On the occasion of Dussehra, where good triumphs over evil, one hopes that good judgement will triumph over a flawed one delivered by a Supreme Court bench last month in the Sabarimala case (read the full judgment here). Petitions seeking a review of the 4:1 judgment are already there before the court, and a new bench will have to be constituted after the retirement of chief justice Dipak Misra earlier this month.
The continuing tensions in Kerala over the court’s decision to allow women of all ages to enter Sabarimala temple, abode of the celibate Swami Ayyappa, should cause the learned judges to introspect. Sometimes, hoary principles like constitutional morality and gender justice need to be measured against the value of common sense, when even a simple reading of what the Constitution says tells us why the judgement may be flawed.
Article 26 of the Constitution is about the “Freedom to manage religious affairs”. It allows, “subject to public order, morality and health, every religious denomination or any section thereof… the right to (a) to establish and maintain institutions for religious and charitable purposes; (b) to manage its own affairs in matters of religion; (c) to own and acquire movable and immovable property; and (d) to administer such property in accordance with law.”
This article is usually applied only to minority religions, whereas it should be applicable to any religion, its denominations, or sections. If we accept this interpretation, the question of whether the Ayyappa temple and its devotees are a separate denomination or a section of Hindus should be decided in the affirmative. The temple – and it is the only Ayyappa temple to do so – bars women in the reproductive age from entry since the deity is worshipped as a naishtika brahmachari (eternal celibate). There is no discrimination against women who fall outside this age bracket.
Common sense notions of Hinduism tell you that one is a Hindu largely by self-definition. Unlike Abrahamic religions, which define themselves through belief in one specific god or book, and hence amendable to classification by denomination, Hinduism is more fluid in its self-definition. One need not go to a temple at all to call oneself a Hindu, for worship need not be congregational. One can be a denomination – which follows a different practice of worship – in a common sense meaning of the term without denying one’s Hindu identity. You can offer pujas and observe fasts and ritual at home to be a Hindu. One can be an Ayyappa devotee without visiting Sabarimala, and, if one is a specific Sabarimala enthusiast, one has to follow the norms of that temple. If some temple’s rules specify that men must not wear stitched garments or come bare-chested, it is not an assault on one’s right to wear what one wants. If you feel offended by this rule, you can worship the same god at home, or in another temple that does not have such rules.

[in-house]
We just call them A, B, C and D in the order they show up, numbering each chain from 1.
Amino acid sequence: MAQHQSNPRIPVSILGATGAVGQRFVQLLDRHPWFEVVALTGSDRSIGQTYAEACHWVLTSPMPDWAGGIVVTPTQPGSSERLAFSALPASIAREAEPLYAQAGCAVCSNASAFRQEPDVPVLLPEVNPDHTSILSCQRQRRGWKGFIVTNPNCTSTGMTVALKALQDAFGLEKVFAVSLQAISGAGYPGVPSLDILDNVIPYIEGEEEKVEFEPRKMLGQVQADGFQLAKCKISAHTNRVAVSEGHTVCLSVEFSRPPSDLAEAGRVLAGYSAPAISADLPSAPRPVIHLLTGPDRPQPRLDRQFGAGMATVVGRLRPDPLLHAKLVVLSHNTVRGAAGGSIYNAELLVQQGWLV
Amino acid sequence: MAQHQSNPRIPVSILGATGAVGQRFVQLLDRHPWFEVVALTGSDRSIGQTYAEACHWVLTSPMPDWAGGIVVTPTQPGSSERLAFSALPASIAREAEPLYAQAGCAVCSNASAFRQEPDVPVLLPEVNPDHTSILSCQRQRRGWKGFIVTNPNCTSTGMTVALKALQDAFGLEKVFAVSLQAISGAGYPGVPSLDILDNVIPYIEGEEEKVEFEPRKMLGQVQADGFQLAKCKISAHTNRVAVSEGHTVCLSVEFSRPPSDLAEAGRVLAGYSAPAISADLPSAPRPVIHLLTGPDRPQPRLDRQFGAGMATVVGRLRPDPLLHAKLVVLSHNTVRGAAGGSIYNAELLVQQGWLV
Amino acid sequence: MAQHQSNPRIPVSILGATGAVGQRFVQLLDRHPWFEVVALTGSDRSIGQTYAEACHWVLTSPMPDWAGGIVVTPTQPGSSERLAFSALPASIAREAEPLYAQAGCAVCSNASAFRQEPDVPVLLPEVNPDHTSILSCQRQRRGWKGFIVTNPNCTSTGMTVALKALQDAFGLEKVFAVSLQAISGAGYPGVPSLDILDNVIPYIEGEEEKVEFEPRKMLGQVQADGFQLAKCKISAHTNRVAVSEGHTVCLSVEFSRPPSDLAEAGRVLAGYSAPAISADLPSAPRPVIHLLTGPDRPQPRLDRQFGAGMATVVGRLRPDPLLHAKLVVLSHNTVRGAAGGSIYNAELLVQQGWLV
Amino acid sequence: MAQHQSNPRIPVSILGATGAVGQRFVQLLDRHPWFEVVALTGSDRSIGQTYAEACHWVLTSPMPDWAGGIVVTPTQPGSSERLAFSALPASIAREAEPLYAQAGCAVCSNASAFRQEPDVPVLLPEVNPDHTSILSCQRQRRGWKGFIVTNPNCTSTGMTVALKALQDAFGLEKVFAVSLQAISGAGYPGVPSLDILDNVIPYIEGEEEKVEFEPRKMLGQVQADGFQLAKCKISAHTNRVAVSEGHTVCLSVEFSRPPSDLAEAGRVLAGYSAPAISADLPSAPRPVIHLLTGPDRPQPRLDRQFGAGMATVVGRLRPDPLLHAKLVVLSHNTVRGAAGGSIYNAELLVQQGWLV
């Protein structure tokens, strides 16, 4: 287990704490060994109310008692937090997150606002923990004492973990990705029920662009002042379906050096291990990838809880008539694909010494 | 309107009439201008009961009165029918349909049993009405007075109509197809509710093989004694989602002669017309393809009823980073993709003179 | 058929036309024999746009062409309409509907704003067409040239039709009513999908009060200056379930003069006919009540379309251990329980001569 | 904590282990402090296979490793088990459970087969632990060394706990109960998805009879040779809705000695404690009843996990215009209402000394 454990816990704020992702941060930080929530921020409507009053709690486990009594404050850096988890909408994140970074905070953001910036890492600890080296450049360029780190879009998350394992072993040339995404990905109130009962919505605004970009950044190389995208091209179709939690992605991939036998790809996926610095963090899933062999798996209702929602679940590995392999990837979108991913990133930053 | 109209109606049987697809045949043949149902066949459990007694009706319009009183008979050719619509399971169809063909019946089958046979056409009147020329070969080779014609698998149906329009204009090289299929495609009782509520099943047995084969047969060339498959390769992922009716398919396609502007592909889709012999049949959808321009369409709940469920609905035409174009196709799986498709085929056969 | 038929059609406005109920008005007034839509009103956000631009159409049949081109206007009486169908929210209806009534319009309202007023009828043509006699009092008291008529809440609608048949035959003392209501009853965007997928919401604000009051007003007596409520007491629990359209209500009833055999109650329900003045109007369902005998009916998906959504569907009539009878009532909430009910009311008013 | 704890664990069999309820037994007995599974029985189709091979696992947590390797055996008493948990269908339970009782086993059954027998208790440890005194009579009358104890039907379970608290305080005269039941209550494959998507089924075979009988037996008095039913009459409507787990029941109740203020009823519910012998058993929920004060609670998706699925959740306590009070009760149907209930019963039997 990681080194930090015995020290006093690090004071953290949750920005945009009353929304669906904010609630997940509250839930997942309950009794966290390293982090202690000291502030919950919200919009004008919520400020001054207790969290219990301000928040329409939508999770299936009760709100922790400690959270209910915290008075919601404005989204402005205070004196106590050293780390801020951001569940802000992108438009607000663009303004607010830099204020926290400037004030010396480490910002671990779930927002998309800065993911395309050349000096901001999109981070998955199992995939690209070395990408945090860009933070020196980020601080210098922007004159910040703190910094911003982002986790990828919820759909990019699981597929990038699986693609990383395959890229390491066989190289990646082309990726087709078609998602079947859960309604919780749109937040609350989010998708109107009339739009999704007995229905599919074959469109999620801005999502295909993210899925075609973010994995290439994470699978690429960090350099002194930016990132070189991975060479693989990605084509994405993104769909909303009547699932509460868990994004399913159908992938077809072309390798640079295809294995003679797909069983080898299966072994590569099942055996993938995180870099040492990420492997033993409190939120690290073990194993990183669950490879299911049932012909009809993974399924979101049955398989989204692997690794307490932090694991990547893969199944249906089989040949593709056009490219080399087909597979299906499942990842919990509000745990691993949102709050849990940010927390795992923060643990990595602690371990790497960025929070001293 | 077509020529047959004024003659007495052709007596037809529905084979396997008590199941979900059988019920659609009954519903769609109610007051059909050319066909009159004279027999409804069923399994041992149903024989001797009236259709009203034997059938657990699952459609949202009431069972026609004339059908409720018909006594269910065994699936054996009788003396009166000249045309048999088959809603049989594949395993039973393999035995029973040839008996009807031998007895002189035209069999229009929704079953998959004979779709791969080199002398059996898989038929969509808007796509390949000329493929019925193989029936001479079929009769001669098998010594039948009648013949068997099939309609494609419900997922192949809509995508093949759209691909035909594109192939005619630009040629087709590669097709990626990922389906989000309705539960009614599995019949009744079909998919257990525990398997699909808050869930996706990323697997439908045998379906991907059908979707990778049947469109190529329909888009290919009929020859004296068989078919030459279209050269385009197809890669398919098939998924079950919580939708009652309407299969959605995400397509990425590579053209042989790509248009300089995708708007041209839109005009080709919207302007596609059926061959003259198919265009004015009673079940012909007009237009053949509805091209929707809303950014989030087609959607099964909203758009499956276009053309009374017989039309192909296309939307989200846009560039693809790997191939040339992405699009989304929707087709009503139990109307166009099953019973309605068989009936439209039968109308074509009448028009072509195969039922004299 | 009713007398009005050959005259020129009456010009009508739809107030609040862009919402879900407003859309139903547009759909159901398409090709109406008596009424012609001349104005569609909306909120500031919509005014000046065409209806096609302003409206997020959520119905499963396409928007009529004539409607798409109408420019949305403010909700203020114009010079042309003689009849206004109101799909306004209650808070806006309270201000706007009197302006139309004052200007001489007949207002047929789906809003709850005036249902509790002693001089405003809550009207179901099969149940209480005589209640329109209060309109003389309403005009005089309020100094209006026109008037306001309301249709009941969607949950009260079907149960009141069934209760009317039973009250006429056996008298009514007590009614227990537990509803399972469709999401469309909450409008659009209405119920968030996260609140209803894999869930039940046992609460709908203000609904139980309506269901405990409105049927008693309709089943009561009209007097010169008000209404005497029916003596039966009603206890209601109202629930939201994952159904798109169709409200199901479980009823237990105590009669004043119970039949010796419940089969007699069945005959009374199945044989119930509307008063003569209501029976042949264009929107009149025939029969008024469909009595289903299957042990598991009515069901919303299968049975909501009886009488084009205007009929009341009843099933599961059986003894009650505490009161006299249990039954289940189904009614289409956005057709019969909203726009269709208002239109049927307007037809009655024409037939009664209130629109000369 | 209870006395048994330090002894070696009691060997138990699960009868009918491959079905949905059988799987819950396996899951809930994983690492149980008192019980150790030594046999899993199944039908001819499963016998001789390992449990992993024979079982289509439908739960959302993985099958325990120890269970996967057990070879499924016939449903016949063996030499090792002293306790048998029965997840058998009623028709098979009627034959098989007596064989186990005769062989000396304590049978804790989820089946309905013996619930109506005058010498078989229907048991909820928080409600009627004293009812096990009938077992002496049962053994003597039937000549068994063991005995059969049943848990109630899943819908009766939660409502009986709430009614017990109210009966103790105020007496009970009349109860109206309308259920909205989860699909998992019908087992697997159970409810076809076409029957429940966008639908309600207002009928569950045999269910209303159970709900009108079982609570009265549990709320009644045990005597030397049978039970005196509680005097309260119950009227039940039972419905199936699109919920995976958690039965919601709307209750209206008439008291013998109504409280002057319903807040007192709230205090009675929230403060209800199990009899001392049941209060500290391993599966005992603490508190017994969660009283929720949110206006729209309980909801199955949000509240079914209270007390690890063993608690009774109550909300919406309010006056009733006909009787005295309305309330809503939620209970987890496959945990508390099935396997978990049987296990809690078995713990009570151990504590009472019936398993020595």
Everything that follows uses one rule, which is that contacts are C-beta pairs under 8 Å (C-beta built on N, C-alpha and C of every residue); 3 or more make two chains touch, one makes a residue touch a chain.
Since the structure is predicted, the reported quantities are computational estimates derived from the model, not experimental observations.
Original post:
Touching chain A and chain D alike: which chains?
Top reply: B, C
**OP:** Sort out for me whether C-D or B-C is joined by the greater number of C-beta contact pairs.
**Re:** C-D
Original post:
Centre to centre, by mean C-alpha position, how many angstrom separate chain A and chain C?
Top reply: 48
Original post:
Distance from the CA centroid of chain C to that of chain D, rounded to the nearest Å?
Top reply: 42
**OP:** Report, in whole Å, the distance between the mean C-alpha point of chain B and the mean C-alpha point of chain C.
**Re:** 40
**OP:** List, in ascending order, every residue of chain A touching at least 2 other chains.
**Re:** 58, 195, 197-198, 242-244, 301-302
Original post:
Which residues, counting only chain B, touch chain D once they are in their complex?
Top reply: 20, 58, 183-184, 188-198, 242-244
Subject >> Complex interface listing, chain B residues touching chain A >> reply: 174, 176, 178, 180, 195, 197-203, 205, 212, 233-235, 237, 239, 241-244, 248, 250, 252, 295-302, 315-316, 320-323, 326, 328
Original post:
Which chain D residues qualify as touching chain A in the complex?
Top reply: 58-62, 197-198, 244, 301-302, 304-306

Given this fluidity and non-fundamentalist approach of many streams of Hinduism, the Supreme Court bench made a huge mistake by taking an Abrahamic view of what a denomination is.
A temporary restriction on women in some age groups is merely a quaint practice in one temple; it is not some kind of broad-based discrimination against all Hindu women. It would, however, be discrimination if this kind of exclusion were generic to all temples, or even a majority of temples, which is manifestly not the case.
So, one hopes that when the various Sabarimala review petitions are taken up again, the bench looking into them will look at the arguments from a common sense perspective, and also in the context of a non-fundamentalist religion like Hinduism.
A victimless crime has been declared an abomination in the Sabarimala judgement, causing a deep fissure among Kerala’s Hindus. The rift caused by the court must be set right and healed by the court overturning its previous judgement.
Jagannathan is Editorial Director, Swarajya. He tweets at @TheJaggi.
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